Science educators should not define basic scientific terms
In an editorial titled "Why the philosophy of science matters" in the October issue of The Scientist magazine (you will need to register to see the complete articles), Richard Gallagher wrote,
You might expect that newly minted science graduates -- who presumably think of themselves as scientists, and who I'd thought of as scientists -- would have a well-developed sense of what science is. So it's pretty shocking to discover that a large proportion of them don't have a clue. At least that's the case in the UK, going on the evidence of our Opinion author James Williams ("What Makes Science 'Science'?"). He found that a sizeable proportion of science graduates entering teacher training couldn't define what is a scientific fact, law or hypothesis. One young innocent, for instance, defined scientific theory as "an idea about something, not necessarily true." If that isn't playing into the hands of creationists, then I don't know what is!
The opinion article by James Williams says,
As a science educator, I train science graduates to become science teachers. Over the past two years I've surveyed their understanding of key terminology and my findings reveal a serious problem. Graduates, from a range of science disciplines and from a variety of universities in Britain and around the world, have a poor grasp of the meaning of simple terms and are unable to provide appropriate definitions of key scientific terminology. So how can these hopeful young trainees possibly teach science to children so that they become scientifically literate? How will school-kids learn to distinguish the questions and problems that science can answer from those that science cannot and, more importantly, the difference between science and pseudoscience? Here are some of the data from the 74 graduates that I've surveyed to date:
• 76% equated a fact with 'truth' and 'proven'
• 23% defined a theory as 'unproven ideas' with less than half (47%) recognizing a theory as a well evidenced exposition of a natural phenomenon
• 34% defined a law as a rule not to be broken, and forty-one percent defined it as an idea that science fully supports.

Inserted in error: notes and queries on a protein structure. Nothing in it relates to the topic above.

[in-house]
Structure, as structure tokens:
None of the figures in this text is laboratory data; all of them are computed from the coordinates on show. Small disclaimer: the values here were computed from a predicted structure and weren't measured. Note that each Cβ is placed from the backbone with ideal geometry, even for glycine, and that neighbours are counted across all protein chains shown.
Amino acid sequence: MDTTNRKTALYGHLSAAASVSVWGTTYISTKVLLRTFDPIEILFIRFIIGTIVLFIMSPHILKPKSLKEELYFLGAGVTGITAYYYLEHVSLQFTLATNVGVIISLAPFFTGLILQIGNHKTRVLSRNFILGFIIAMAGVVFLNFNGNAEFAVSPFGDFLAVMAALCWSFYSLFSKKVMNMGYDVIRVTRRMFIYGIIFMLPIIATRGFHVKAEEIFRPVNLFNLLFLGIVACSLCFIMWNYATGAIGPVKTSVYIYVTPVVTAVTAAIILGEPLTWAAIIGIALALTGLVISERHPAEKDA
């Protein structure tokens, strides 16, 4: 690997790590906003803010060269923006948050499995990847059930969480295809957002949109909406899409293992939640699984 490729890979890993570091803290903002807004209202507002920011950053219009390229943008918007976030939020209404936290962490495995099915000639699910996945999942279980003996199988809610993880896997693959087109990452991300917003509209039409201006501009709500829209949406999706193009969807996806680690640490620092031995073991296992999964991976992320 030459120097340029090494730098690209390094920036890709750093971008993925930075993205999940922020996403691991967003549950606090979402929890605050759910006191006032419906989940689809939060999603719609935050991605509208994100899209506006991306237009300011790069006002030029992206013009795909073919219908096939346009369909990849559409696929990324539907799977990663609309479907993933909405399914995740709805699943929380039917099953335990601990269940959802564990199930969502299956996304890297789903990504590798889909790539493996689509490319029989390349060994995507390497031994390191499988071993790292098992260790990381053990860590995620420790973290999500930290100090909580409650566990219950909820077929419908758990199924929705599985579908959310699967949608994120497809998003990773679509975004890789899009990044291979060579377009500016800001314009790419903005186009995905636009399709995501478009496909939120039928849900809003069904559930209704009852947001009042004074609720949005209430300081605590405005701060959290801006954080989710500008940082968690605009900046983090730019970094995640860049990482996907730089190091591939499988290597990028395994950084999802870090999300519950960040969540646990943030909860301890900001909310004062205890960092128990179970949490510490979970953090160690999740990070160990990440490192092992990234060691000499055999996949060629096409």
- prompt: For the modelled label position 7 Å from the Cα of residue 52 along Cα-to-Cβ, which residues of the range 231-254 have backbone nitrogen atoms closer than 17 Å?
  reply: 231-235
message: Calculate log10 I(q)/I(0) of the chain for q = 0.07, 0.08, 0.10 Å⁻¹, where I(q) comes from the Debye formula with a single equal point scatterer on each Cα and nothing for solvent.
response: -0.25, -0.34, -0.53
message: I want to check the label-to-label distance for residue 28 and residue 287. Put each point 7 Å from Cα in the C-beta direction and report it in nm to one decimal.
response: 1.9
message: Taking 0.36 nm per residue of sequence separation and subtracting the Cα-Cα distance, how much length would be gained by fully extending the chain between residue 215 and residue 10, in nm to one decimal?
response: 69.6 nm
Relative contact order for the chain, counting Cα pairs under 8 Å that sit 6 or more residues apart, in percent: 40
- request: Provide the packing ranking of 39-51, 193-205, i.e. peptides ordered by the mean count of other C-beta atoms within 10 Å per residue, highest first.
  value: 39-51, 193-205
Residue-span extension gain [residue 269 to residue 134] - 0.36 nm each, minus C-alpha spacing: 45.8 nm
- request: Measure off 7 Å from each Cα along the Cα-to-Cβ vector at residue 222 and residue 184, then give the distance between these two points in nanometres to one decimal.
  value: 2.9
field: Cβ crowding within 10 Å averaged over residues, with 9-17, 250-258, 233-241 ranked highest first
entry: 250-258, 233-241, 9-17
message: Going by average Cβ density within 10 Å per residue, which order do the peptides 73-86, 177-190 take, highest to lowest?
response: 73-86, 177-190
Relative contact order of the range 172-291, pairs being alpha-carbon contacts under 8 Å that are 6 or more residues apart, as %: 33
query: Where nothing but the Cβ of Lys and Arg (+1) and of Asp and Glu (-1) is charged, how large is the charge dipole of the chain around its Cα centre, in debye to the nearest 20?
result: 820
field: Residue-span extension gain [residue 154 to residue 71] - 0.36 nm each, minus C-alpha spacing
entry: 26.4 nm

• Definitions of 'hypothesis' were the most consistent, with 61% recognizing the predictive, testable nature of hypotheses.
The recently-adopted Florida science standards say that students should --
-- Recognize and explain that a scientific theory is a well-supported and widely accepted explanation of nature and is not simply a claim posed by an individual. Thus, the use of the term theory in science is very different than how it is used in everyday life.
Saying that a "scientific theory" is by definition "well-supported and widely accepted" is just plain wrong -- there are strong scientific theories and weak scientific theories. I presume this definition was added to the standards because the name "scientific theory" was added to evolution in the standards. And the Florida science standards not only give a bad definition of "scientific theory" but say that students are expected to "recognize and explain" this definition.
Darwinist ideologue Steven Schafersman, self-styled president of the Texas Citizens for Science, said of the proposed Texas grades 9-12 science standards,
National Academy of Sciences on Scientific Explanations
Another issue was the language about observational evidence and the nature and testability of scientific explanations that some disciplines added to the introductions of their revised standards. The language is from the National Academy of Sciences' new book Science, Evolution, and Creationism, p. 10. One version of the language is as follows:
Scientific explanations must be based on naturally occurring phenomena, and must be capable of testing by multiple independent researchers. If scientific explanations are based on purported forces that are outside of nature, scientists have no way of testing those explanations. Unless a proposed scientific explanation is framed in a way that some observational evidence could potentially refute it, that explanation cannot be subject to scientific testing.
I am certainly in favor of this addition to the various disciplines' TEKS. However, I notice that several science disciplines did not add this excellent language at all: IPC, Chemistry, Physics, and Astronomy. In fact, it appears that only Biology, Aquatic Science, and Earth and Space Science added the NAS language, each with different wording, and Environmental Systems added a similar paragraph that does not use the NAS language. I can't account for the discrepancies, but I will recommend that each discipline adopt a uniform version of this excellent language that separates science from pseudoscience. Obviously, the pseudoscience that the NAS language addresses so well is Intelligent Design Creationism.
The above NAS paragraph was added verbatim (page 35) to the proposed Earth and Space Science standards, which is not surprising considering that Steven Schafersman was on the Earth and Space standards-drafting committee. To see the versions of this NAS language that are used in other disciplines, search for the word "explanation" (the search function is the binoculars icon in the top border of the PDF file).
IMO the above NAS statement is a philosophy of science and therefore should not be added in any form to state science standards. And this NAS statement could backfire on Schafersman because a lot of evolution theory would not qualify as science under the testability and falsifiability criteria of the statement.
In the final analysis, it really doesn't matter how these scientific terms -- e.g., theory, hypothesis, law, and fact -- are defined, because even if we agree on the definitions, we are going to disagree over the attachment of these terms to different ideas. For example, some people consider evolution to be a fact and others consider it to be just a hypothesis if even that much.